In addition to the activation of the SubC neurons, another group of GABA-containing neurons, the dorsal paragigantocellular reticular nucleus (DPGi), may contribute to the generation of REM sleep by inhibiting wake-promoting areas [20]. These neurons are active during REM sleep and are hypothesized to inhibit the locus coeruleus, dorsal raphe and part of the ventrolateral periaqueductal gray (vlPAG) [21]. Pharmacological and electrical activation of the DPGi promotes REM sleep [22–24].

The vlPAG region contains GABAergic neurons that are divided into two subpopulations: REM-active and REM-inhibiting neurons. REM-active neurons of this region project to wake-promoting neurons of the locus coeruleus and dorsal raphe and are hypothesized to inhibit them during REM sleep [20,21,25], whereas REM-inhibiting neurons of the vlPAG project to the SubC region and may silence the core of the REM sleep-generating circuit [7,26,27]. Lesions and pharmacologic inhibition of these vlPAG neurons lead to a significant increase in REM sleep duration [27,28]. The concerted interaction between the SubC, vlPAG and DPGi is responsible for the generation of REM sleep and its characteristics.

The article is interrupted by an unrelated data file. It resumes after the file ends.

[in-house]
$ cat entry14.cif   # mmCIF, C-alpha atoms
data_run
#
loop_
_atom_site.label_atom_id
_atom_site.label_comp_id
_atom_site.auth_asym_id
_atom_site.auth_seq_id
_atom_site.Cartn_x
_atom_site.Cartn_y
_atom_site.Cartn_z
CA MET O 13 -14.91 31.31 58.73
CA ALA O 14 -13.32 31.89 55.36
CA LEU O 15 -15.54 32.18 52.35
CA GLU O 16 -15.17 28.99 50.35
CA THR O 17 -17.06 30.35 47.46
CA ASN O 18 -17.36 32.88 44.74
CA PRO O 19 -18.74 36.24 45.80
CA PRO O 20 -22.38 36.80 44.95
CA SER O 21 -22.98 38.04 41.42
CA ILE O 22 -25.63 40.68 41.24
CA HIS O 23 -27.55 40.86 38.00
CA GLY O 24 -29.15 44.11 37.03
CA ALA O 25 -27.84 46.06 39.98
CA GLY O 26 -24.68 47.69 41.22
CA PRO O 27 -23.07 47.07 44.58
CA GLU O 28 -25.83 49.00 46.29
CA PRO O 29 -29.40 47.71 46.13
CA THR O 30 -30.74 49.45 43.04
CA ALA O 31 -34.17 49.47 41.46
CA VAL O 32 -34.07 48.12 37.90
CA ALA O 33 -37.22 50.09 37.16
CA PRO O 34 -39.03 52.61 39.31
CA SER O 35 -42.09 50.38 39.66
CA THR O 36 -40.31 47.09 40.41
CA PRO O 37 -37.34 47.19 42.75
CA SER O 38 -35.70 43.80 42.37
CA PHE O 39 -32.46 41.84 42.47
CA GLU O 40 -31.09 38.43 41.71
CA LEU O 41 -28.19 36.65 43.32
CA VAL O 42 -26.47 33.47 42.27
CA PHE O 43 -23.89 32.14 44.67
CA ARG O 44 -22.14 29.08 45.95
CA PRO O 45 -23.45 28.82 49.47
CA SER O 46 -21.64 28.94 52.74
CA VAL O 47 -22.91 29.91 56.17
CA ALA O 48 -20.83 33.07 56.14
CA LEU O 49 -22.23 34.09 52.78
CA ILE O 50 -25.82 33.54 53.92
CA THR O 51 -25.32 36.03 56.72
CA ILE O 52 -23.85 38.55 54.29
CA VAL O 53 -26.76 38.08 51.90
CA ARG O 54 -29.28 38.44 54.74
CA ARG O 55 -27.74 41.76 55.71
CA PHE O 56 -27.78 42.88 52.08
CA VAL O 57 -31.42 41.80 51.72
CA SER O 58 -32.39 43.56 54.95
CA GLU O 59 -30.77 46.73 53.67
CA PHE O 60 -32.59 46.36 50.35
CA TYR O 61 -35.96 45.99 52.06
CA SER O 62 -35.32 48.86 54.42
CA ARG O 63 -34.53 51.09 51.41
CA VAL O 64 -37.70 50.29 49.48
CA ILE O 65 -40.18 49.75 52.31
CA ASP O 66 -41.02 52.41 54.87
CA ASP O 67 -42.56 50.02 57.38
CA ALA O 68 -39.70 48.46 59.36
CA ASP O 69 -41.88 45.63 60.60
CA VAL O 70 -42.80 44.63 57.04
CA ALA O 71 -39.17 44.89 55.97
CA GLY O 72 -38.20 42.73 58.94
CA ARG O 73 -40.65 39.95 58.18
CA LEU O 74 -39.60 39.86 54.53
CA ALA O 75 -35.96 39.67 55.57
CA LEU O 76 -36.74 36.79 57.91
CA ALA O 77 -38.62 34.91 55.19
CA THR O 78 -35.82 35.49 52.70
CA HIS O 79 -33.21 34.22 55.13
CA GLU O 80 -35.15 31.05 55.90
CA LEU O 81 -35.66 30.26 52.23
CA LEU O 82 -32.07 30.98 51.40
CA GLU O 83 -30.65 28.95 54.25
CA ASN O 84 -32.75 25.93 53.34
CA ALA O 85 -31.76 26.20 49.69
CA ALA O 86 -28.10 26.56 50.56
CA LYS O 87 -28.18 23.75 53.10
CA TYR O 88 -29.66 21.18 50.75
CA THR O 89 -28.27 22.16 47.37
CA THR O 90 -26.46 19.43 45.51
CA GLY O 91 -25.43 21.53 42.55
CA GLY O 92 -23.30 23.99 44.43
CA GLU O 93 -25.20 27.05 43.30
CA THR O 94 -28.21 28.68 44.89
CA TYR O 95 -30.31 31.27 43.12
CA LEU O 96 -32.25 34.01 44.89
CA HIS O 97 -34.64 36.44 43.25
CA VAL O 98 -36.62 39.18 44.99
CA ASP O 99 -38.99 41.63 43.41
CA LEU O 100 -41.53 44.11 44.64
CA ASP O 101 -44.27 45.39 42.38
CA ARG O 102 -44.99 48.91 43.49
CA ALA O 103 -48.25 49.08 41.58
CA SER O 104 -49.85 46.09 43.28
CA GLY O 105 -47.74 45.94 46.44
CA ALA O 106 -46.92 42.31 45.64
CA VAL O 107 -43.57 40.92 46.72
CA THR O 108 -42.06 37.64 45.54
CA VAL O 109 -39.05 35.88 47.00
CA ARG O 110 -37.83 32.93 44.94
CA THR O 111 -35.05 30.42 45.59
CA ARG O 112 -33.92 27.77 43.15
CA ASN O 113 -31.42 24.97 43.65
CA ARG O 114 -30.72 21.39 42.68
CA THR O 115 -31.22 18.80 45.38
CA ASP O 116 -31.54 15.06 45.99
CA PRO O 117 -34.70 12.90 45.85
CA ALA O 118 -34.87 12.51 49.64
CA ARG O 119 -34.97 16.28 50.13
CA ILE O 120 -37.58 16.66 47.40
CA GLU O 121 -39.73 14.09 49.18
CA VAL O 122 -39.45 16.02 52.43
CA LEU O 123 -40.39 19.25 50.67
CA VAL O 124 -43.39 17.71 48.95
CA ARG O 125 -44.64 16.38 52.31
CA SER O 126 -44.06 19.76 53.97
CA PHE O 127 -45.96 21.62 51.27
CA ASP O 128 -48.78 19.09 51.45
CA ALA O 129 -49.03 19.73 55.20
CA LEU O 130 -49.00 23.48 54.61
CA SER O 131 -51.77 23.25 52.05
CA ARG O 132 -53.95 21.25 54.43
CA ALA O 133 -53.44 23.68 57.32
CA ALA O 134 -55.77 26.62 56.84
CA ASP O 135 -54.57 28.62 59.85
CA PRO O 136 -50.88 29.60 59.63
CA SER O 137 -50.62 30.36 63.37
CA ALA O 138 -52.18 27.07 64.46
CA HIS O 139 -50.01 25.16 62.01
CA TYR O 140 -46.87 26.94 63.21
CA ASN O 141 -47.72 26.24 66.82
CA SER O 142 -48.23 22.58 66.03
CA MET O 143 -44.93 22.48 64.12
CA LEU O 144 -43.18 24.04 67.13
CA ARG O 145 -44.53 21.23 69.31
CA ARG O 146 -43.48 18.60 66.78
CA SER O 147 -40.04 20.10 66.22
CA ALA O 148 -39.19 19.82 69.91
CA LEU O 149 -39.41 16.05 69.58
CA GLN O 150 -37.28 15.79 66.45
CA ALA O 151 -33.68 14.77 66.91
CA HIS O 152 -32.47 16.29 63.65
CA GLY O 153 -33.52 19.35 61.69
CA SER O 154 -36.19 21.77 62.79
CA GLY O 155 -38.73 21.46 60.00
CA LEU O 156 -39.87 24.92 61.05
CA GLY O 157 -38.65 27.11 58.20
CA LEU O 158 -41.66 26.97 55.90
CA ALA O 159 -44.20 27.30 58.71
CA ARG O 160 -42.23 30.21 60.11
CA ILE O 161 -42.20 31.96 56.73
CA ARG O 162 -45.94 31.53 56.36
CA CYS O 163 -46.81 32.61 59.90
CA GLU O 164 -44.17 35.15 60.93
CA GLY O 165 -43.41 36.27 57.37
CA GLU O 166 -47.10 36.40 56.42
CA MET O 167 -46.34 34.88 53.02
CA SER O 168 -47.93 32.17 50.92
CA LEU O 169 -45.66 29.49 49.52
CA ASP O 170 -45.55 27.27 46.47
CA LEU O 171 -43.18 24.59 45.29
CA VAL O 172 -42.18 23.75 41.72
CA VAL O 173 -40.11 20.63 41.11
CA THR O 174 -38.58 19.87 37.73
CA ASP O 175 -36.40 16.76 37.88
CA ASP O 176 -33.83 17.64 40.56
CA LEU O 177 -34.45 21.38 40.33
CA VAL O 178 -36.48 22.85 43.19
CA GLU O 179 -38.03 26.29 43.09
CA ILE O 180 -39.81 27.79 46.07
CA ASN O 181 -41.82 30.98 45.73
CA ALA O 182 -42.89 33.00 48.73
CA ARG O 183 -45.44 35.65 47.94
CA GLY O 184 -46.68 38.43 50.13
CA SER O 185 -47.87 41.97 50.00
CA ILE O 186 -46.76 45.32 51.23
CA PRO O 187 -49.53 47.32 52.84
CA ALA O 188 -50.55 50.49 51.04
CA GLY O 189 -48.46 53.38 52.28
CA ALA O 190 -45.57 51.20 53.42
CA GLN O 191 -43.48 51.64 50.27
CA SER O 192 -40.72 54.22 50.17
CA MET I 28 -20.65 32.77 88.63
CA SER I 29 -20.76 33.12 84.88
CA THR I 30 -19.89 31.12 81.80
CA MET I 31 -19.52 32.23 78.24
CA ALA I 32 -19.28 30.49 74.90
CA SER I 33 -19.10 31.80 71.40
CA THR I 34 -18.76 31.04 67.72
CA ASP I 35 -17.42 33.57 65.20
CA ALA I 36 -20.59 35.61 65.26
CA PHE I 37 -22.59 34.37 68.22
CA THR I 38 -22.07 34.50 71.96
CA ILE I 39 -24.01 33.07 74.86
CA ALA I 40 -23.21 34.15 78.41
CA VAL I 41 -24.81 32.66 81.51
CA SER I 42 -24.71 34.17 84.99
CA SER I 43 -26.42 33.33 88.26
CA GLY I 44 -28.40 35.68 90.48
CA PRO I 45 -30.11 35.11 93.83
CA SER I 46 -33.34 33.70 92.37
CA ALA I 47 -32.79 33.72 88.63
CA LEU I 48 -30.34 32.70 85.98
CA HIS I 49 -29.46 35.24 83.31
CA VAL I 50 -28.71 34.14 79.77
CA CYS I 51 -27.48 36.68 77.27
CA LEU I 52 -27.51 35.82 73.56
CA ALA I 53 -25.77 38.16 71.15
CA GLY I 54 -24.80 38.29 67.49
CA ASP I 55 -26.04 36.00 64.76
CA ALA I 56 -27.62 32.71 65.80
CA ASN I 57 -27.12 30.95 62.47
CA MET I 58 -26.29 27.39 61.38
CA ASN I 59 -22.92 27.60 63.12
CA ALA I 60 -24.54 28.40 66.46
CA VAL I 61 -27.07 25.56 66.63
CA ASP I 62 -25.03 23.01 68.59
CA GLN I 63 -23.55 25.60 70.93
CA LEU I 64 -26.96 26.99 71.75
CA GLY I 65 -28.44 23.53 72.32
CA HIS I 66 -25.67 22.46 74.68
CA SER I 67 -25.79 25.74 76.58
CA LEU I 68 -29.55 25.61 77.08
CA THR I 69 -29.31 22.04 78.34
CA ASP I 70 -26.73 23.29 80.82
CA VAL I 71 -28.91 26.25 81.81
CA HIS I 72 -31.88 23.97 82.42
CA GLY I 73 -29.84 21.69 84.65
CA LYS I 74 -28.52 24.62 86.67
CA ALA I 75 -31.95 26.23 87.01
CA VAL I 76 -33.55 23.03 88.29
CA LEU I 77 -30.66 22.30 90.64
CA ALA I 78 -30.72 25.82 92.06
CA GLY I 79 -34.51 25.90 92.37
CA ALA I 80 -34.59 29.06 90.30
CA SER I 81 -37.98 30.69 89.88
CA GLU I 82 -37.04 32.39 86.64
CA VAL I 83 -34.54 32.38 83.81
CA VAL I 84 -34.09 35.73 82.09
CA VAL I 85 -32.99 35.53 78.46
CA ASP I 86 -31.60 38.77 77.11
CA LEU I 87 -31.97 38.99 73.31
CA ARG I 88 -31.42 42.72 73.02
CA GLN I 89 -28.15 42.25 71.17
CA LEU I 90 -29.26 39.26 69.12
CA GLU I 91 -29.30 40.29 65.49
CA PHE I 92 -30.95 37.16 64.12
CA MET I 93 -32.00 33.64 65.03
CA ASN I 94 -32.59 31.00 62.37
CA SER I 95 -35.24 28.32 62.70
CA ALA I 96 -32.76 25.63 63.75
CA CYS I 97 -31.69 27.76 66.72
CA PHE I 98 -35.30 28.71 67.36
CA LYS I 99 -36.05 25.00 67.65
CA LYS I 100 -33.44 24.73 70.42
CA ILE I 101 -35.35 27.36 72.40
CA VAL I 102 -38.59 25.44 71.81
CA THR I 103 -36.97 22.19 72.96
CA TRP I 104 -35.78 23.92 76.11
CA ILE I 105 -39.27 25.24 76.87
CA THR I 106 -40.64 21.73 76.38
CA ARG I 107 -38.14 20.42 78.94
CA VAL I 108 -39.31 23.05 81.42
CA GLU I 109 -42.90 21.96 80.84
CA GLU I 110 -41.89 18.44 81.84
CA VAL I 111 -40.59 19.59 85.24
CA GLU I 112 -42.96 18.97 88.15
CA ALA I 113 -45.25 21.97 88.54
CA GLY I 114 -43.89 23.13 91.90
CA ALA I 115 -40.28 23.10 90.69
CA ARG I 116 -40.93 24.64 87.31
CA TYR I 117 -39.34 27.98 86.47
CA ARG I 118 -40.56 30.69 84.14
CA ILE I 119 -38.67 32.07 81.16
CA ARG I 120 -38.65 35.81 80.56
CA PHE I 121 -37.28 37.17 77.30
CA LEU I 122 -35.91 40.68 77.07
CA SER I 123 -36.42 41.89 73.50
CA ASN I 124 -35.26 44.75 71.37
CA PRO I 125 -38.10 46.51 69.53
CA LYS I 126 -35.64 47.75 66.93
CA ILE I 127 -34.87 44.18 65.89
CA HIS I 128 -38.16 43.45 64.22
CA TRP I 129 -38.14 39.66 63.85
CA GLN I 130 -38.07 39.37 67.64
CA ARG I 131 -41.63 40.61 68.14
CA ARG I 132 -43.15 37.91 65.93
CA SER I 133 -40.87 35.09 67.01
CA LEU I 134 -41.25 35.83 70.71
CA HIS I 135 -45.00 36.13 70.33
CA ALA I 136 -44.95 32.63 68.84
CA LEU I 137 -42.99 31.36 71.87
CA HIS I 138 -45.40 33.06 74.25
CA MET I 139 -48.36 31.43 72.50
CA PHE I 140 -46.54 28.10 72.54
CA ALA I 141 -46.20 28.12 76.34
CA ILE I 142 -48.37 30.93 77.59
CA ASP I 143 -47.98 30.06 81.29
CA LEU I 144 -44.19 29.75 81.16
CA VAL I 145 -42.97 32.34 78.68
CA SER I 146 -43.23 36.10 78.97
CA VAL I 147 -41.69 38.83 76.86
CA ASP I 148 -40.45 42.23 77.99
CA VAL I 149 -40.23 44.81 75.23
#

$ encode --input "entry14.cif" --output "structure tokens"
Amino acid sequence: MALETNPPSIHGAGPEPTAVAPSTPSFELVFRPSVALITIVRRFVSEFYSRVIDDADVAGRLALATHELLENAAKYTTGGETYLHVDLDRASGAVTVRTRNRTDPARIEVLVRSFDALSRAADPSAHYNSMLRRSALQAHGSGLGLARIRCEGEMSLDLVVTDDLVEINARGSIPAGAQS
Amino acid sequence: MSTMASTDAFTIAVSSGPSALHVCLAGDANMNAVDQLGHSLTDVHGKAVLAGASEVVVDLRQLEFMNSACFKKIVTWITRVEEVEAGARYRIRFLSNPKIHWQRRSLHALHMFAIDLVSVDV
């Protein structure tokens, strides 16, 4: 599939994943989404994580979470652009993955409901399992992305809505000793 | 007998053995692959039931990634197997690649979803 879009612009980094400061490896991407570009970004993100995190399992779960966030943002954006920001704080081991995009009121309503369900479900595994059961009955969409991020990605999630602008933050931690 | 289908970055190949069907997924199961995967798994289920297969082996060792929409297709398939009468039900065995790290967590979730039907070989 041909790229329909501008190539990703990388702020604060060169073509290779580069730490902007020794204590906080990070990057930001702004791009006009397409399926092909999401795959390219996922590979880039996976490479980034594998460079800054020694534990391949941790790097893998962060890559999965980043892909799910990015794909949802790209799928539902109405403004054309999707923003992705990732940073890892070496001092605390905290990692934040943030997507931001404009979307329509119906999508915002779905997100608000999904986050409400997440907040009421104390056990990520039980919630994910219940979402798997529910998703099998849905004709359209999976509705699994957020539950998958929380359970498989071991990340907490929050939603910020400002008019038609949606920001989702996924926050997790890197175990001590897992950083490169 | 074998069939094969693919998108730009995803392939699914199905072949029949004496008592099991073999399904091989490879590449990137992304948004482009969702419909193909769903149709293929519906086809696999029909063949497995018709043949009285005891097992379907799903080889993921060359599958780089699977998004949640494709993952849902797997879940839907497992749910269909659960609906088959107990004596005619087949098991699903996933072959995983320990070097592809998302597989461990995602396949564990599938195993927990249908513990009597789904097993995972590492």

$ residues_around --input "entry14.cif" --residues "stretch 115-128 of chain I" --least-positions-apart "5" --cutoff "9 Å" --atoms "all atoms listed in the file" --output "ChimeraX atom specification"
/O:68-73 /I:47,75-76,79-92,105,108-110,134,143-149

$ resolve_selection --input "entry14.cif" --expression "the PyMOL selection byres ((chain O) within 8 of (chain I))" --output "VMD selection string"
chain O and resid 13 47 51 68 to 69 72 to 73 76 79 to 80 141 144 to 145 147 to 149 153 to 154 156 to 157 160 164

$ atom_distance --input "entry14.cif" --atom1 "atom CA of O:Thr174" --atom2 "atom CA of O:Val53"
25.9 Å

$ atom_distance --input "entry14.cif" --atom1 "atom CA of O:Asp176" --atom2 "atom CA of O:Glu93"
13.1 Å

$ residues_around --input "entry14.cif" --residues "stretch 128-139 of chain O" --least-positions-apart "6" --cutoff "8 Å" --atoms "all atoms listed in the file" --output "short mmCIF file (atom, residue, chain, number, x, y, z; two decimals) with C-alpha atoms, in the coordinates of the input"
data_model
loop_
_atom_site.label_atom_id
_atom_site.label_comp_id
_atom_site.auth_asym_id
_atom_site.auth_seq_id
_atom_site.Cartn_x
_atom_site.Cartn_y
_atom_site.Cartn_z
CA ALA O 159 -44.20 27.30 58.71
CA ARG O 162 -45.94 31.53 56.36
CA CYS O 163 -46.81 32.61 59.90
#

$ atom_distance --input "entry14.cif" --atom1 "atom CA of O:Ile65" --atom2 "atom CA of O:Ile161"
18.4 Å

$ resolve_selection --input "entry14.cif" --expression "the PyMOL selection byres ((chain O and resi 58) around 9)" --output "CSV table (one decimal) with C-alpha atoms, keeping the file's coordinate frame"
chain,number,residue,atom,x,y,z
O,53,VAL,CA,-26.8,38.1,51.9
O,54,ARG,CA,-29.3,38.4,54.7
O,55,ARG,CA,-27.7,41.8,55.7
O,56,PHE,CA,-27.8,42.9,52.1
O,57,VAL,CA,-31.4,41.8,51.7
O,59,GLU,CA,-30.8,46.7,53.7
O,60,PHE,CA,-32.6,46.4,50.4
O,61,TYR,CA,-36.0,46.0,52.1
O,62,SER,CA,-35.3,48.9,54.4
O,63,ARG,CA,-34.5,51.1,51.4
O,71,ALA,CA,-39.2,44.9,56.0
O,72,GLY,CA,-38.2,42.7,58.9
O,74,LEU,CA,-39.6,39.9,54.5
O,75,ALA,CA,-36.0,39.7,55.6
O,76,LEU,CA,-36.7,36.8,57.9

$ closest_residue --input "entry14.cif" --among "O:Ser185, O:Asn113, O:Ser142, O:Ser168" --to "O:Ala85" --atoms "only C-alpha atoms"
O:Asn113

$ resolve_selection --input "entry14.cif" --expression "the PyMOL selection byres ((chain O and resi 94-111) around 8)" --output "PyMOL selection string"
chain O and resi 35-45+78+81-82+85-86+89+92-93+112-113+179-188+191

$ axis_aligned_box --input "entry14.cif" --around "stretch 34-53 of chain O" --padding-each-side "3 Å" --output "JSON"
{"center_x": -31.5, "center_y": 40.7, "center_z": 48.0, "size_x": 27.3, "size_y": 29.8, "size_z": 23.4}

Finally, hypothalamic and forebrain structures contribute to REM sleep control as well. Optogenetic activation of melanin-concentrating hormone (MCH) neurons shortens sleep onset and increases the duration of REM sleep [29▪▪,30▪▪]. These neurons promote REM sleep by inactivating wake-promoting histaminergic neurons of the tuberomammillary nucleus and noradrenergic cells of the locus coeruleus, through a release of GABA [29▪▪,30▪▪]. Similarly, neurons of the extended ventrolateral preoptic area are REM active [7] and send GABAergic projection to several brainstem regions, including the REM sleep-inhibiting region of the vlPAG, thereby releasing the SubC region from its inactivated state [31].